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  • Comics and the World Wars: A Cultural Record by Jane Chapman, et al.
  • Winifred Morgan (bio)
Comics and the World Wars: A Cultural Record. By Jane Chapman, Anna Hoyles, Andrew Kerr, and Adam Sherif. New York: Palgrave Macmillan, 2015. 224 pp.

Aimed at historians, Comics and the World Wars focuses on comics not as a mode of humor but as a means of recovering the facts and feelings of historical events. As the forward and preface emphasize, this text makes the case for the significant utility of wartime [End Page 233] comics to historians attempting to understand the past. To this end, the introduction lays out the authors' primary methodological influences and offers an outline of the following chapters. The second chapter proposes a theory and method of incorporating comics as a primary source. It also uses a short study of Wonder Woman to illustrate how this can be done. Further chapters provide a history of wartime comics, focusing especially on some important actors in their development, and illustrate the contributions of particular artists and agencies.

The succeeding chapters deal with the work and influence of William Kerridge Haselden, a staff cartoonist for the British Daily Mirror (chapter 3); comics produced by British and colonial non-coms and their role in molding a new notion of heroism during WWI (chapter 4); the conscious depiction in labor movement papers of men who ignore their own self-interest as gullible dupes (chapter 5); the US government's effective use of comics to support its total war effort during WWII (chapter 6); contrasting images of women as either sex objects/domestic goddesses or as civilian war workers/combatants (chapter 7); and the clear alignment of the Communist British Daily Worker with the stance of the Russian government, illustrated by striking contrasts between cartoons published before and those published after Russia switched sides to join the Allies during WWII (chapter 8). The conclusion iterates the book's central argument and theory. Except for several references to Henri Bergson, Comics and the World Wars contains nothing about humor theory and little about humor itself in wartime comics. Instead, the text spells out the purposes to which humor is put, for example, to mold attitudes. Although the material in chapters 3 through 8 is often fascinating in itself, Comics and the World Wars will probably be of limited interest to readers more intent on humor than history.

The research resulting in Comics and the World Wars was funded by a four-year grant from the British Arts and Humanities Research Council. The acknowledgments page names Jane Chapman as principal investigator and also mentions that Adam Sherif and Andrew Kerr received funding as researchers from this grant. Many of the challenges and limitations in this text can probably be traced to its origins.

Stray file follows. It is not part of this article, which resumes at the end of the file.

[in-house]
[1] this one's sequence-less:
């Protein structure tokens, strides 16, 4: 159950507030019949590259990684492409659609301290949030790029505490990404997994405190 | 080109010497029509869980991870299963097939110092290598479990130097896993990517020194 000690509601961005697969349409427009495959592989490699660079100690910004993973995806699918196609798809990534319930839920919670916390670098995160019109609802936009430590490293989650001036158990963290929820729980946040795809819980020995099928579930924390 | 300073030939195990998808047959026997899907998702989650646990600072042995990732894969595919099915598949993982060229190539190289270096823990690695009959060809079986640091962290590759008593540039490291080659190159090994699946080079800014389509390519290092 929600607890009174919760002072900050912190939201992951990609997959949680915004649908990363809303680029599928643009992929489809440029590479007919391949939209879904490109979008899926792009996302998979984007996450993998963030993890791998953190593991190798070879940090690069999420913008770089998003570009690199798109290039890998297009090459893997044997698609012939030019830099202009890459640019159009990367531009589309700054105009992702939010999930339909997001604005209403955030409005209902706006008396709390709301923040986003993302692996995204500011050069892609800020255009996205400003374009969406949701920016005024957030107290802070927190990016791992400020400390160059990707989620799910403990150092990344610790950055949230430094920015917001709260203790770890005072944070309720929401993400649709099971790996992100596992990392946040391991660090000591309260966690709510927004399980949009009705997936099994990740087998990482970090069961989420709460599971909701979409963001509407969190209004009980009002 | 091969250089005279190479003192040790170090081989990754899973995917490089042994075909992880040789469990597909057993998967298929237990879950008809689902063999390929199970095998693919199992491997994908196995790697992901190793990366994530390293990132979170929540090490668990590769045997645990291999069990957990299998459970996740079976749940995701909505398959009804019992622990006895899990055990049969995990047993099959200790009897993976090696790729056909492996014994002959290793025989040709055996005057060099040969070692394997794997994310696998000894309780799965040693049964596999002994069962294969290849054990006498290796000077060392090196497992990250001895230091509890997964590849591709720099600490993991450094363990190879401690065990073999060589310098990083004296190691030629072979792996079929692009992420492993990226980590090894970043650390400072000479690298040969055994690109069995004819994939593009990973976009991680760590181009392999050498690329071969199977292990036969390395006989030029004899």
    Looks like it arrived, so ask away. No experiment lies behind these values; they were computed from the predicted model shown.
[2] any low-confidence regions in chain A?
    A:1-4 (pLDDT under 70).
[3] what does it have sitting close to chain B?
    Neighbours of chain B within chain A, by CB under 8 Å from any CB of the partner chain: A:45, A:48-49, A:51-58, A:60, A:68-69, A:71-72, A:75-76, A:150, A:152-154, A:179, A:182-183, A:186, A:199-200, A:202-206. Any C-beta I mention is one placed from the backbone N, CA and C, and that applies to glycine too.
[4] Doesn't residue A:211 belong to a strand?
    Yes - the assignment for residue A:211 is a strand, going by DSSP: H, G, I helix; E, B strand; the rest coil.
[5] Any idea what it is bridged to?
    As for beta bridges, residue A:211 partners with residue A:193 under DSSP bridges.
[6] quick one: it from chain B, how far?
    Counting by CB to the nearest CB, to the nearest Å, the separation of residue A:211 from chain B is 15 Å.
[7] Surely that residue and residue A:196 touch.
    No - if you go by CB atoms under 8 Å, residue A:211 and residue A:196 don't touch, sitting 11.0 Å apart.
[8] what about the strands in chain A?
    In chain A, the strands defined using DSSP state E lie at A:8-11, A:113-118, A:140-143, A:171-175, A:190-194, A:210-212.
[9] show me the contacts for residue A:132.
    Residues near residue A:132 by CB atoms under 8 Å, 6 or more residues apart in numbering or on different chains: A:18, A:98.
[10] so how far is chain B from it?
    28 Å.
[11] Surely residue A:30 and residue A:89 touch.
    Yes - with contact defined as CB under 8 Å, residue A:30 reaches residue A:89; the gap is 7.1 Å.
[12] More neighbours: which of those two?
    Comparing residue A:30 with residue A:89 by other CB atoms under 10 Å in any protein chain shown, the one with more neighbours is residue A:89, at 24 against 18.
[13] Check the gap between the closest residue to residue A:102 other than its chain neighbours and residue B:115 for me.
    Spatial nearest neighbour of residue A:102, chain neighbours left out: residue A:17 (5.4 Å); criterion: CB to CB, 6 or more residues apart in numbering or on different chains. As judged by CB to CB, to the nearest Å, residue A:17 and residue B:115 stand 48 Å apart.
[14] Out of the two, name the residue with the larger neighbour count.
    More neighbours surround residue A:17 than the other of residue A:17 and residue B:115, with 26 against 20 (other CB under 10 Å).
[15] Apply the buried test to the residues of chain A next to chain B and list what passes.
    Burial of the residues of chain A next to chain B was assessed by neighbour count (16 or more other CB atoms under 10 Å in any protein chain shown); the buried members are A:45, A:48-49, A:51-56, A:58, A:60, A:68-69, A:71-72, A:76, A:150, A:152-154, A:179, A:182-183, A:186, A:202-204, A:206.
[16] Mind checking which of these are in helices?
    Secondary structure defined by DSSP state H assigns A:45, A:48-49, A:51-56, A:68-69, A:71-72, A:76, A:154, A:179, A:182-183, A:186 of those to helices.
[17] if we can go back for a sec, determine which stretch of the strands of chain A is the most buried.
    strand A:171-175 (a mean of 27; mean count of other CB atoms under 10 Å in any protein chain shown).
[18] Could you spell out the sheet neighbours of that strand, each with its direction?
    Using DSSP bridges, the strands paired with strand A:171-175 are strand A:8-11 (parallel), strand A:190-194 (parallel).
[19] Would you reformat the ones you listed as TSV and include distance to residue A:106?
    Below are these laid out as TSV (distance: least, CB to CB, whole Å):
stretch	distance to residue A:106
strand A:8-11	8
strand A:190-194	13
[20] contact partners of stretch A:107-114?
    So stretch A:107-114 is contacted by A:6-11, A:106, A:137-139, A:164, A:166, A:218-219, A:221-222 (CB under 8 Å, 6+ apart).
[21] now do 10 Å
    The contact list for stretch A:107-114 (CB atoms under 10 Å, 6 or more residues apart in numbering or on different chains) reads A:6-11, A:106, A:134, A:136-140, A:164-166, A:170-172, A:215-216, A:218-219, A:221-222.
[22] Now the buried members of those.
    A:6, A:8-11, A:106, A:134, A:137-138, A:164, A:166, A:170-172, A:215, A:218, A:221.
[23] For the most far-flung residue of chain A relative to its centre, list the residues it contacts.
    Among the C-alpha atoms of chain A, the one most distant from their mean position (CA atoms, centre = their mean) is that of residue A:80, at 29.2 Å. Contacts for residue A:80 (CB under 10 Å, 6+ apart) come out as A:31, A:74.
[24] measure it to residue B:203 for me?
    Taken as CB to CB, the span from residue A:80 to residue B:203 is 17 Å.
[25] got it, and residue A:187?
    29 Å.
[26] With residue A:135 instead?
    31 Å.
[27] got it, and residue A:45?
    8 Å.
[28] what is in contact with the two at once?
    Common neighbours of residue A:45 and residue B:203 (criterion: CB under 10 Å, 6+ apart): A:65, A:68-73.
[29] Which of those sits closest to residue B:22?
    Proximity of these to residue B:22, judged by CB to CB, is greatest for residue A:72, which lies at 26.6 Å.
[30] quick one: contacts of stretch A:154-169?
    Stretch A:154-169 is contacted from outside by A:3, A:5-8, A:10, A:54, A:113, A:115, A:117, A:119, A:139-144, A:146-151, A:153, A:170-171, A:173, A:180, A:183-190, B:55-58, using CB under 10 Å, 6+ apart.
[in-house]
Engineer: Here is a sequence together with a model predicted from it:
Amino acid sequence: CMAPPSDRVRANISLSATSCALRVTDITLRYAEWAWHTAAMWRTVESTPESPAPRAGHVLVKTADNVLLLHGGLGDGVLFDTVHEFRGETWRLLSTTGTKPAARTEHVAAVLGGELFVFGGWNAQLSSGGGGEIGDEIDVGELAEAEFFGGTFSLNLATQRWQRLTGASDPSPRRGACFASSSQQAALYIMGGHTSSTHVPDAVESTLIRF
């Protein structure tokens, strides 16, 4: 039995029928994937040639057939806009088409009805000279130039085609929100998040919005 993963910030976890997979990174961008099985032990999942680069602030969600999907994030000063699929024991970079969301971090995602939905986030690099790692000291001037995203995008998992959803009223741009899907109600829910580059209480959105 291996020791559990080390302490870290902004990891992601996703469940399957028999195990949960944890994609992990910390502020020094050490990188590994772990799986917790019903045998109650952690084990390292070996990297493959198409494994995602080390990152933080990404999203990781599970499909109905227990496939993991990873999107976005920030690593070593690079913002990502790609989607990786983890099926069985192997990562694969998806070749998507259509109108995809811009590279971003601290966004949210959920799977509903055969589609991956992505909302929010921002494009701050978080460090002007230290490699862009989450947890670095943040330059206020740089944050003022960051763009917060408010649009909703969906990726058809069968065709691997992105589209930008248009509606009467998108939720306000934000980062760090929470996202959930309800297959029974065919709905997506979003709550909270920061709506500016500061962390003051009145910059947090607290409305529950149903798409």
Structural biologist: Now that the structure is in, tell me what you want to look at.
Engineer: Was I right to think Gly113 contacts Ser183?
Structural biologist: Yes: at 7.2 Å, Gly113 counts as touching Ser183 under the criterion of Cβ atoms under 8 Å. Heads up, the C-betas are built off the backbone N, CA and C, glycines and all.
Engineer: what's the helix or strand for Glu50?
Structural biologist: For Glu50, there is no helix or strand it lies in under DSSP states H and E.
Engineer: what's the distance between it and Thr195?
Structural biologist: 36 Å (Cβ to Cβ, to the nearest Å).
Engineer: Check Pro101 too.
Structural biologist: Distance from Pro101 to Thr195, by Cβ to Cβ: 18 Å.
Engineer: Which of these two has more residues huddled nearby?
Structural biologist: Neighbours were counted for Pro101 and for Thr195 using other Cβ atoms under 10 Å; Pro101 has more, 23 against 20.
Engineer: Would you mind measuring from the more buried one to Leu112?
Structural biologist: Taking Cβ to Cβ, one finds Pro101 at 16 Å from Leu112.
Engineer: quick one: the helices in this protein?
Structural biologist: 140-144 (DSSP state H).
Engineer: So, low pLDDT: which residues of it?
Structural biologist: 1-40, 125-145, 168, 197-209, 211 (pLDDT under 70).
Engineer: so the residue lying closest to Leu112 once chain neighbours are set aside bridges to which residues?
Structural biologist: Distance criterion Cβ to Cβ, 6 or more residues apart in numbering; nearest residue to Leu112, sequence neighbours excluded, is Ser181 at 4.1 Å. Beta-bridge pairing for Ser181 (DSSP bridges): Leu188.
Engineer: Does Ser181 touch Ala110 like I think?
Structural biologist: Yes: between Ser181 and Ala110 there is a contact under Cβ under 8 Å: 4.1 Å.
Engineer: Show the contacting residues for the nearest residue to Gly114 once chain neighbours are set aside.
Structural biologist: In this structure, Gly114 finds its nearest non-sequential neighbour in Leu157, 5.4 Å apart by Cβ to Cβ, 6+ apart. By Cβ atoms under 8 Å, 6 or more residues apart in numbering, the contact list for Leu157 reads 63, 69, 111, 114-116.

Because the authors labor to claim validity above all for comics as historical sources, the first two chapters are heavily laden with linguistic and historical theory; the style of those chapters is replete with the language of [End Page 234] social sciences, poststructuralism, and semantics. The language resembles that of a grant proposal. A short excerpt in which the authors introduce the concept of a cultural trace illustrates their style:

In analysis of these sources, though, it will also be important to ascertain more specific contextual detail in order best to assess potential historical content. Before moving to outline the methodology here, it remains to highlight that the notion of subject location, as coupled with an understanding of processes of narrativity and the inevitable role of subjectivity therein, must produce a result in the work itself. Because the rendering of narrative invariably entails subjective action, including the mediation of the present, the position of the subject in space and time must invariably bear some influence. Whether mediated consciously or subconsciously, subject location, to use the language of post-structuralism, leaves a trace.


The text lacks any indication of which author wrote each chapter. However, chapters 3 and following drop most of the jargon, passive voice, and interminable sentences. Collectively, much of what the authors argue is interesting if not particularly relevant to the humor found in the wartime comics examined. The...